Different Forms of Granular Micronutrient Fertilizer 

Plants and crops require a mix of both macronutrients (like nitrogen, phosphorus, and potassium) and micronutrients. Dry or granular fertilizer is a convenient way to deliver these nutrients. As a fertilizer importer or exporter, you have your pick among granular micronutrient fertilizers to stock. What are the types?

The three forms of granular micronutrient fertilizer are sulphates, oxides, and oxysulphates. Some types of granular fertilizers, like oxides, are somewhat insoluble, while sulphates are completely water-soluble. 

This guide to the types of granular micronutrient fertilizer will explain each of the forms in much greater detail. We’ll also discuss how to apply granular fertilizer and the benefits of doing so. 

Let’s get started!  

The 3 Types of Granular Micronutrient Fertilizer


The first of the three granular micronutrient fertilizer forms is sulphate. This is a polyatomic anion, which means it contains fewer protons than it does electrons. In other words, the charge of an anion is negative.

Some sulphates can be ionic, which simply refers to a molecule or atom that has a net electrical charge. 

Sulphates are a natural resource, but they can also be synthesized and commercialized for industrial applications such as the fertilization of plants and crops. 

Whether sulphates are ionic or anionic, they’re usually very water-soluble. The only exceptions are barium sulphate, lead (II) sulphate, strontium sulphate, and calcium sulphate. In water, these sulphates are far less soluble. 

The type of sulphate most often used to make commercial fertilizers is polyhalite. This hydrated evaporite mineral usually has no color but can sometimes appear gray, white, or even red if it’s exposed to iron oxide. 

Contained naturally in sedimentary marine evaporites, polyhalite contains 17 percent calcium sulphate, six percent magnesium sulphate, 14 percent sulphate of potash, and 48 percent sulphate.

Iron (II) sulphate may be present in sulphate fertilizer as well, as it’s frequently used in plant and crop soil as a type of mineral supplement.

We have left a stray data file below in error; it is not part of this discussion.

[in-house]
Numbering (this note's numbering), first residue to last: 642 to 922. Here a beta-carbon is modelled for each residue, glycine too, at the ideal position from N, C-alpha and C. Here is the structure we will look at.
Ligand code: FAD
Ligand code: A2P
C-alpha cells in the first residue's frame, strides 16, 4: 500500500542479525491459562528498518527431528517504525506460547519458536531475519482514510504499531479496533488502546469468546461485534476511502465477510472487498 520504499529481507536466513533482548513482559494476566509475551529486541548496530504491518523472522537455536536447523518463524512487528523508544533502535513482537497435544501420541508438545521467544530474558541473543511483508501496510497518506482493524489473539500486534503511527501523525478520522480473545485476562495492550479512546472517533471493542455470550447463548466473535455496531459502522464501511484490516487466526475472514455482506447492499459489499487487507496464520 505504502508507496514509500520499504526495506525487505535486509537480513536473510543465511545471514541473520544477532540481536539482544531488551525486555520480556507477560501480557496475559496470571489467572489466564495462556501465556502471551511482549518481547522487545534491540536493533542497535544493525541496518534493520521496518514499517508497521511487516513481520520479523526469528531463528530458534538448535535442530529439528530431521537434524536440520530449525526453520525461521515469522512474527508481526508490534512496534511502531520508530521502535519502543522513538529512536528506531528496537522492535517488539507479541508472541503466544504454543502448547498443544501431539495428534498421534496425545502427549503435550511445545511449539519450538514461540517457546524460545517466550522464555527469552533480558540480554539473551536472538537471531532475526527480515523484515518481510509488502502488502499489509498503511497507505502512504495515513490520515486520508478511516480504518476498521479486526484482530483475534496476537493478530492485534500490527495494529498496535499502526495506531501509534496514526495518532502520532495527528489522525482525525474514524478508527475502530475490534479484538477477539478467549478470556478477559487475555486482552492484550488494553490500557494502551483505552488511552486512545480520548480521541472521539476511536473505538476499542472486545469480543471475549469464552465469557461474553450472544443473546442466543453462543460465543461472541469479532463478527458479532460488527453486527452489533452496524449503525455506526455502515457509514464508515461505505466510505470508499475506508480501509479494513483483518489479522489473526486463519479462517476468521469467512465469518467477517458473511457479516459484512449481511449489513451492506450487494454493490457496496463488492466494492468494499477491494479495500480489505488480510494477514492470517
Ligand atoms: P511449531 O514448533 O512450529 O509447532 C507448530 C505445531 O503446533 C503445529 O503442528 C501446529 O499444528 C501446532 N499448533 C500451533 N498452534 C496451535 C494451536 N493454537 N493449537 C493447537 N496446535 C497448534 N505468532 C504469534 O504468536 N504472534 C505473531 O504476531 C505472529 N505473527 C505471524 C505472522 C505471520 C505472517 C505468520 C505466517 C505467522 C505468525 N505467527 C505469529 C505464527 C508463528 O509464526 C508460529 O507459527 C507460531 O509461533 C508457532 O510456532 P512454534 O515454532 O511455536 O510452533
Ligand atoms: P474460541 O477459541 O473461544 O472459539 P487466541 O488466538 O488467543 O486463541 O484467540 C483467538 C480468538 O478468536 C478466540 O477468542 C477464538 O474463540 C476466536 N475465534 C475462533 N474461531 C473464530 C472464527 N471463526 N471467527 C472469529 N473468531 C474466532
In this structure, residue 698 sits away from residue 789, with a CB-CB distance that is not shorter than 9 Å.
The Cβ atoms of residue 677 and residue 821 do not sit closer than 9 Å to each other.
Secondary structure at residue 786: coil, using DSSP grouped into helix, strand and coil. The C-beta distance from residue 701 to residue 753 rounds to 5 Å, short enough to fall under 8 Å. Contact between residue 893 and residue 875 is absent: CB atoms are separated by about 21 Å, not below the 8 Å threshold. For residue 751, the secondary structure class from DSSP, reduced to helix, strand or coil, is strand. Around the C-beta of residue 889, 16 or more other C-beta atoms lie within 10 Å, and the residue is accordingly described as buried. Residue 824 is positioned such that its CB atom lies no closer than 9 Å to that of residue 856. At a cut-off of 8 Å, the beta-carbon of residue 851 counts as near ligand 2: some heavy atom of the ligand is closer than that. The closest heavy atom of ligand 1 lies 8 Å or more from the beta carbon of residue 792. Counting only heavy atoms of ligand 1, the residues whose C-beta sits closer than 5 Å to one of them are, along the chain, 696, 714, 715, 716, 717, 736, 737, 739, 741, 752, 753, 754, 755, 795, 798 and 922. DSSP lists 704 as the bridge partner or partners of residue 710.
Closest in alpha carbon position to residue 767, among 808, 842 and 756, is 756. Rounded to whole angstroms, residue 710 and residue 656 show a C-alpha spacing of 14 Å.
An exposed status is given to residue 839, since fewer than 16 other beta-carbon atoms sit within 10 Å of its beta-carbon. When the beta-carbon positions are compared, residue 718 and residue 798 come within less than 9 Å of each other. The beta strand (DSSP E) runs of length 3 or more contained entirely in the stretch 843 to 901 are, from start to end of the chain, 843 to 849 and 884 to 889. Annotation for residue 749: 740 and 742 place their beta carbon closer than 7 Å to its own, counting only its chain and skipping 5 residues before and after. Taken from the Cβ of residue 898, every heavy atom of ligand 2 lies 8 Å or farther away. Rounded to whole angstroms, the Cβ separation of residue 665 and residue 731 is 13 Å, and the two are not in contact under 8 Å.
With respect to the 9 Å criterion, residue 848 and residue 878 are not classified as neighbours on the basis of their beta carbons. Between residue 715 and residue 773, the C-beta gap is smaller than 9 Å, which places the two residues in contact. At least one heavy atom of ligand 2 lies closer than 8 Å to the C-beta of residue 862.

Next is oxide. An oxide refers to a compound that contains an element as well as an oxygen atom. 

Oxide acts as oxygen’s dianion, which is an anion with two negative charges. Solid oxides are frequently found around the crust of the earth; these usually result when oxygen from water or air becomes oxidized.

For commercial fertilization purposes, metal oxides are common, especially iron oxide. However, some organic compounds can reduce the efficiency of metal oxides. 

As an example, certain types of metal oxide such as silver oxide can become decomposed when exposed to high heat. This is known as thermal decomposition. 

Reactive metals can displace metal oxide if the metals aren’t as reactive. Copper gets displaced by zinc and becomes zinc oxide.

Hydrogen can cause displacement as well, usually leading to the formation of hydrogen oxide. 

Finally, electrolysis can reduce metal oxides, but not all. This type of reduction is applicable only to aluminum oxide, magnesium oxide, calcium oxide, potassium oxide, and sodium oxide. 

For your customers who need to develop soil nutrient levels for a long time to come, they should use an oxide-based granular fertilizer. Keep in mind that oxides are mostly insoluble. 


The third form of granular micronutrient fertilizer we’ll discuss is oxysulphates.